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Fundraising by Legislators For Political Organizations During Regular Session

Attorney General Opinion

by

Janet Napolitano

Monday, May 1, 2000

Opinion No:
I00-008 (R00-011)

Re:
Fundraising by Legislators For Political Organizations During Regular Session


To:

The Honorable Ken Cheuvront
Arizona State Representative

Question Presented

You have asked whether, during a regular session, a State legislator may conduct fund- raising activities for a political organization that has been established pursuant to A.R.S. §§ 16-823 and  -901(20).

Summary Answer

An analysis of all the statutes governing fund-raising activities demonstrates that members of the Legislature may participate in fund-raising activities for political organizations during a regular session, as long as the fund-raising complies with all limitations and requirements of Arizona's campaign finance laws, A.R.S. §§ 16-901 through -961.  The prohibitions in A.R.S. § 41-1234.01 against lobbyists making campaign contributions to and lobbyists soliciting campaign contributions for legislators during the regular session do not limit fund-raising for political organizations, provided that the contributions are not earmarked for legislators in violation of A.R.S. § 16-907(B).

Background

A political organization is "an organization that is formally affiliated with and recognized by a political party including a district committee organized pursuant to § 16-823."(1) A.R.S. § 16-901(20).  A political party is "the state committee as prescribed by § 16-825 or the county committee as prescribed by § 16-821 of an organization that meets the requirements for recognition as a political party pursuant to § 16-801 or § 16-804, subsection A."  A.R.S. § 16-901(21).  Under Arizona’s campaign finance laws, a political organization is a specific type of political committee. A.R.S. § 16-901(19)(h).  Thus, a political organization is a district party committee or some other political committee that is formally affiliated with a state or county committee of a political party.  As a political committee, a political organization is subject to the requirements of Title 16, chapter 6, article 1 (A.R.S. §§ 16-901 through -925) concerning campaign contribution limits and disclosure requirements.  Although political organizations are affiliated with political parties, political organizations are subject to some contribution limits that do not apply to political parties.  See A.R.S. § 16-905(A)(2), (3), (B), (C), (E) (exempting political parties but not political organizations from certain contribution limits).  A candidate's campaign committee is another type of political committee, which is subject to the same campaign finance laws.  A.R.S. § 16-901(19)(a). Any candidate who receives contributions or makes expenditures of more than $500 in connection with a campaign is required to designate a political committee for each election to serve as the candidate’s campaign committee.  A.R.S. § 16-903(A).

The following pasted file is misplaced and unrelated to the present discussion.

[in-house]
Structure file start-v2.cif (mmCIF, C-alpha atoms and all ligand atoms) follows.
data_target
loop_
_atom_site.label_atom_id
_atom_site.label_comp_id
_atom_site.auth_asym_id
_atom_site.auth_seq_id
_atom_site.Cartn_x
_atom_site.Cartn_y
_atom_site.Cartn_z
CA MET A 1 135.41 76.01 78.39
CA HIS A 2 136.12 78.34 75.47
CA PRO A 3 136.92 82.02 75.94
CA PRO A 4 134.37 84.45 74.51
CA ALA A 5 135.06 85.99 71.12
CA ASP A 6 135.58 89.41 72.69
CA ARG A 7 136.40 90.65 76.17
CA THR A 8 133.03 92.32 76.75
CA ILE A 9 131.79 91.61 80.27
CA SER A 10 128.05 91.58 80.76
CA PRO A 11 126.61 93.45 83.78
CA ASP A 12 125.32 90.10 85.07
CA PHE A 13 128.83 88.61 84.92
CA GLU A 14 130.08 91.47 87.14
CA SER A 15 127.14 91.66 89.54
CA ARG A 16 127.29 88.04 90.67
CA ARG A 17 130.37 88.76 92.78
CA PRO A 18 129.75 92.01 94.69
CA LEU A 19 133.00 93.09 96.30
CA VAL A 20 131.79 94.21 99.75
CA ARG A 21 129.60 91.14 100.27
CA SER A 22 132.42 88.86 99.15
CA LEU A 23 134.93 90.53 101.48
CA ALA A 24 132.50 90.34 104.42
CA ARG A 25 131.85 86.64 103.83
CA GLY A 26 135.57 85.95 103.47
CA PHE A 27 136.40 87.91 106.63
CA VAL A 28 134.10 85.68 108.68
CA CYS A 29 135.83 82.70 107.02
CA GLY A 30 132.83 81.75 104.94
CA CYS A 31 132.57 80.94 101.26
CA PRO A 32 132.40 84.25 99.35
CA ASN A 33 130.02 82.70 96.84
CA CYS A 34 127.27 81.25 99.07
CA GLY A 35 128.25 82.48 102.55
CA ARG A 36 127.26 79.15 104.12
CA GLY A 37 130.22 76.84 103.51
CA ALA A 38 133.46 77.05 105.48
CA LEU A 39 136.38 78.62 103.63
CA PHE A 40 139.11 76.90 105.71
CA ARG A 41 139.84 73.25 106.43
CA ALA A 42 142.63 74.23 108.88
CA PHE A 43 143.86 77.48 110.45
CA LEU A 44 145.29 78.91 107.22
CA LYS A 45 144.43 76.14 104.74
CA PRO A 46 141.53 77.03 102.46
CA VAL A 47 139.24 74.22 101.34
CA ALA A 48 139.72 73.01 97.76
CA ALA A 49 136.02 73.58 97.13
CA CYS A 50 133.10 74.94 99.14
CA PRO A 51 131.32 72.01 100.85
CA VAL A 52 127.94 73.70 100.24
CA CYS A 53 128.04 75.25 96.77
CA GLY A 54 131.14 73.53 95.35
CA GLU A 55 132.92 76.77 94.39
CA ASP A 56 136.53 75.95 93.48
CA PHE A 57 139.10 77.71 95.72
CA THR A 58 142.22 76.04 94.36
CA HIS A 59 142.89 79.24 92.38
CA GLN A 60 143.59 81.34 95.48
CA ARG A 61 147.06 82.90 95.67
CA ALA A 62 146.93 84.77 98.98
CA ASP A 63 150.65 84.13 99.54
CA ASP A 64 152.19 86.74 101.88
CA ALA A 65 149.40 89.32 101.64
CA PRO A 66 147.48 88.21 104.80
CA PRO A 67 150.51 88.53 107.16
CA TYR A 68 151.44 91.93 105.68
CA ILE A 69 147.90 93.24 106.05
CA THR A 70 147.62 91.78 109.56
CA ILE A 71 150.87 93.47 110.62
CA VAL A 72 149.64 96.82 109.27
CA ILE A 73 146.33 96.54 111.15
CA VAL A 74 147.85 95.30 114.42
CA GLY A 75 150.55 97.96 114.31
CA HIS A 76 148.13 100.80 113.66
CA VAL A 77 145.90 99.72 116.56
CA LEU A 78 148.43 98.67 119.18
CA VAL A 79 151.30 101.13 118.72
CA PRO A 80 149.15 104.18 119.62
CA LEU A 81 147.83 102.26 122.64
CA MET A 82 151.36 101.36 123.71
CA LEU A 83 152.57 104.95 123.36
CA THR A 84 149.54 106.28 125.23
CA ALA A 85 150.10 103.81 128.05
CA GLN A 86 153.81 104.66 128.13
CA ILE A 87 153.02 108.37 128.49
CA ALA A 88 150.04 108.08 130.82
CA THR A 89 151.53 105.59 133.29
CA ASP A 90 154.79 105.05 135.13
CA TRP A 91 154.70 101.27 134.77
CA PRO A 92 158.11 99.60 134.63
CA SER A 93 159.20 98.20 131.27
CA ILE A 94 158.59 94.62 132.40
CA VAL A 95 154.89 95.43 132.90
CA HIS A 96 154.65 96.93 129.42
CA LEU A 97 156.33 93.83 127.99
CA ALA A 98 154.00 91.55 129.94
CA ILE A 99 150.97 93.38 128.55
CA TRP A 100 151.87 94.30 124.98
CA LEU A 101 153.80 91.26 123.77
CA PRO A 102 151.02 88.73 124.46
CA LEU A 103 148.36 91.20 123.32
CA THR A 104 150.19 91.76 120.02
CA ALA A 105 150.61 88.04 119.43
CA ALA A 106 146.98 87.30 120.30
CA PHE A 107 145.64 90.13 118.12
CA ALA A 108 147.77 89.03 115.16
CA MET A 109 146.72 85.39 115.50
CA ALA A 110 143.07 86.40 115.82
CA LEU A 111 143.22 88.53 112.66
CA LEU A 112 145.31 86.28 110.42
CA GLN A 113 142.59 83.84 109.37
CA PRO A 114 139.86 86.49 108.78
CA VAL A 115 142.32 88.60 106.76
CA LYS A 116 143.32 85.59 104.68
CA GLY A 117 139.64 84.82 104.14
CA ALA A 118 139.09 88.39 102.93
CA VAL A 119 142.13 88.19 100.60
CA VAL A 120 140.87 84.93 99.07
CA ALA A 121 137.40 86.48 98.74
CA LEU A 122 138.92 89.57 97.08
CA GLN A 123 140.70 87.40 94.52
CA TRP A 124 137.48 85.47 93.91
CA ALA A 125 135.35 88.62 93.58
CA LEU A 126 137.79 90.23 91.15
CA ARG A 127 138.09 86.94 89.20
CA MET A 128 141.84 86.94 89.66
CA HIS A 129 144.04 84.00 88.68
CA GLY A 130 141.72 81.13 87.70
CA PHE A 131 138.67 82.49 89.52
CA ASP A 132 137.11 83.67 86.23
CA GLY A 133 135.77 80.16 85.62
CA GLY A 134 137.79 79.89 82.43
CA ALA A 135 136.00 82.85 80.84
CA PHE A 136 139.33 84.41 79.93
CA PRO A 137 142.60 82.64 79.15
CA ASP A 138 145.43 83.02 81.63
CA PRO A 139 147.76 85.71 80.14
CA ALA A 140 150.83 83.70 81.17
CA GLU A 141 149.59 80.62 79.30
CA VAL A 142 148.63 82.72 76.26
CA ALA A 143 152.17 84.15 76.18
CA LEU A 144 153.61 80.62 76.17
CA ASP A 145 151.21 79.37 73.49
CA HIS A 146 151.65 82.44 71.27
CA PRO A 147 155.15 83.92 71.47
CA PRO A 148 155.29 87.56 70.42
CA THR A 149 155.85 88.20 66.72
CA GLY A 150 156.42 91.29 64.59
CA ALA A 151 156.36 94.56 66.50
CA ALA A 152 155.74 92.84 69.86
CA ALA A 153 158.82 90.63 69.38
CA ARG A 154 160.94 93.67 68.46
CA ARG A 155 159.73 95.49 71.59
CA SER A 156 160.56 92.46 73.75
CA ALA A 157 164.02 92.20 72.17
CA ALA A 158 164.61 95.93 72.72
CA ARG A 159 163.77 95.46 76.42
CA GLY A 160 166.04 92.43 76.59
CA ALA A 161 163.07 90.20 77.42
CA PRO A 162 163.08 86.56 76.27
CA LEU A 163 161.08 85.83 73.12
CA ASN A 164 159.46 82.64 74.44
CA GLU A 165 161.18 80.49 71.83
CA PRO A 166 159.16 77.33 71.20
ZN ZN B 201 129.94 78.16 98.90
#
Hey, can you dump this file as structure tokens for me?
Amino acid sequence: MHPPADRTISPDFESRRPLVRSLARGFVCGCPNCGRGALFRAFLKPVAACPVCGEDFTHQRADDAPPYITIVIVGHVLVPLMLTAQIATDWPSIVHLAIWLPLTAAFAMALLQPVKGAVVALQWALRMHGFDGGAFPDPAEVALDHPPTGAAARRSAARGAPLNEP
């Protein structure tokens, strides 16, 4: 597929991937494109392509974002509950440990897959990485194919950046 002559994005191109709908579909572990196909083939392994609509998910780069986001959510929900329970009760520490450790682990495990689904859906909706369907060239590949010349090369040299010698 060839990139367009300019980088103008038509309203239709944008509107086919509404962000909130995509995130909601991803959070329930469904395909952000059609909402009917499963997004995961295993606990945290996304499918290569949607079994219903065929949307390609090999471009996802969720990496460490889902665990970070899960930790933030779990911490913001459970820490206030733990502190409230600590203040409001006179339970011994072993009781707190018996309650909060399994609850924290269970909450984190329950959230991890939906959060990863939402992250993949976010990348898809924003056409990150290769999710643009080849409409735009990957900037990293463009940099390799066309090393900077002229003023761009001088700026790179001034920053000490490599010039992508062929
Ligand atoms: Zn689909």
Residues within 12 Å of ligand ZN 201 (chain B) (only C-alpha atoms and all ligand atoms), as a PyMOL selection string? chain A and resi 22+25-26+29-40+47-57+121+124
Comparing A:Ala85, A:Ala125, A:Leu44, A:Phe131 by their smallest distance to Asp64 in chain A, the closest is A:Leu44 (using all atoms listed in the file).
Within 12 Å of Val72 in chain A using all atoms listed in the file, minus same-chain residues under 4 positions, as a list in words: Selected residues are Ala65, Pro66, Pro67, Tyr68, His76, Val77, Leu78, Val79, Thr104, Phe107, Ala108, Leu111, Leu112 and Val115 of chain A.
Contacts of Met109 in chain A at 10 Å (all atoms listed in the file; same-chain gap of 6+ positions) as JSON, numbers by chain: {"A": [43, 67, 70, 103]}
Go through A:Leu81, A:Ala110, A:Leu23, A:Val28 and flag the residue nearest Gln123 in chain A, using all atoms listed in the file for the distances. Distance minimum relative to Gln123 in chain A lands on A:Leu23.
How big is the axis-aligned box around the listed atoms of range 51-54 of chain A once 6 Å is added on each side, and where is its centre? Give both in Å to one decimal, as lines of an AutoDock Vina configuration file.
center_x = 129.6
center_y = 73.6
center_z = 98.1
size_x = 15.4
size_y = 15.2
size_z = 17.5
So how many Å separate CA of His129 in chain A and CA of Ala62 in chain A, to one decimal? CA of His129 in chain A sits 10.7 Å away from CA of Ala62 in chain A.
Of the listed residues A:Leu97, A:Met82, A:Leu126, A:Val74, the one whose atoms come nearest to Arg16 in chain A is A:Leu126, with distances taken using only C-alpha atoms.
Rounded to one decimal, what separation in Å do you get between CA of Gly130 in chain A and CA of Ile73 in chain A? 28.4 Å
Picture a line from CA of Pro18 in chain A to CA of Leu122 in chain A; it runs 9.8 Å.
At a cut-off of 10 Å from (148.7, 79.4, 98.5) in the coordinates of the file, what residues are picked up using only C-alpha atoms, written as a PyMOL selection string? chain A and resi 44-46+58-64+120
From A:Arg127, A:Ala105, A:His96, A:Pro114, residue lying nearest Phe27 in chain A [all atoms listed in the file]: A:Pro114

The laws regulating lobbyists prohibit them from making contributions to legislators during the regular session.(2) A.R.S. § 41-1234.01.  This prohibition became law in 1992 as part of a comprehensive overhaul of the laws regulating lobbyists.  See 1991 Ariz. Sess Laws, 3rd S.S., ch. 2.  Specifically, A.R.S. § 41-1234.01 provides as follows:

A.  While registered under this article [Title 41, ch. 7, art. 8.1], a principal, public body, lobbyist, designated public lobbyist or authorized public lobbyist shall not make or promise to make a campaign contribution to or solicit or promise to solicit campaign contributions for:

1.  A member of the legislature when the legislature is in regular session.

2.   The governor when the legislature is in regular session or when regular session legislation is pending executive approval or veto.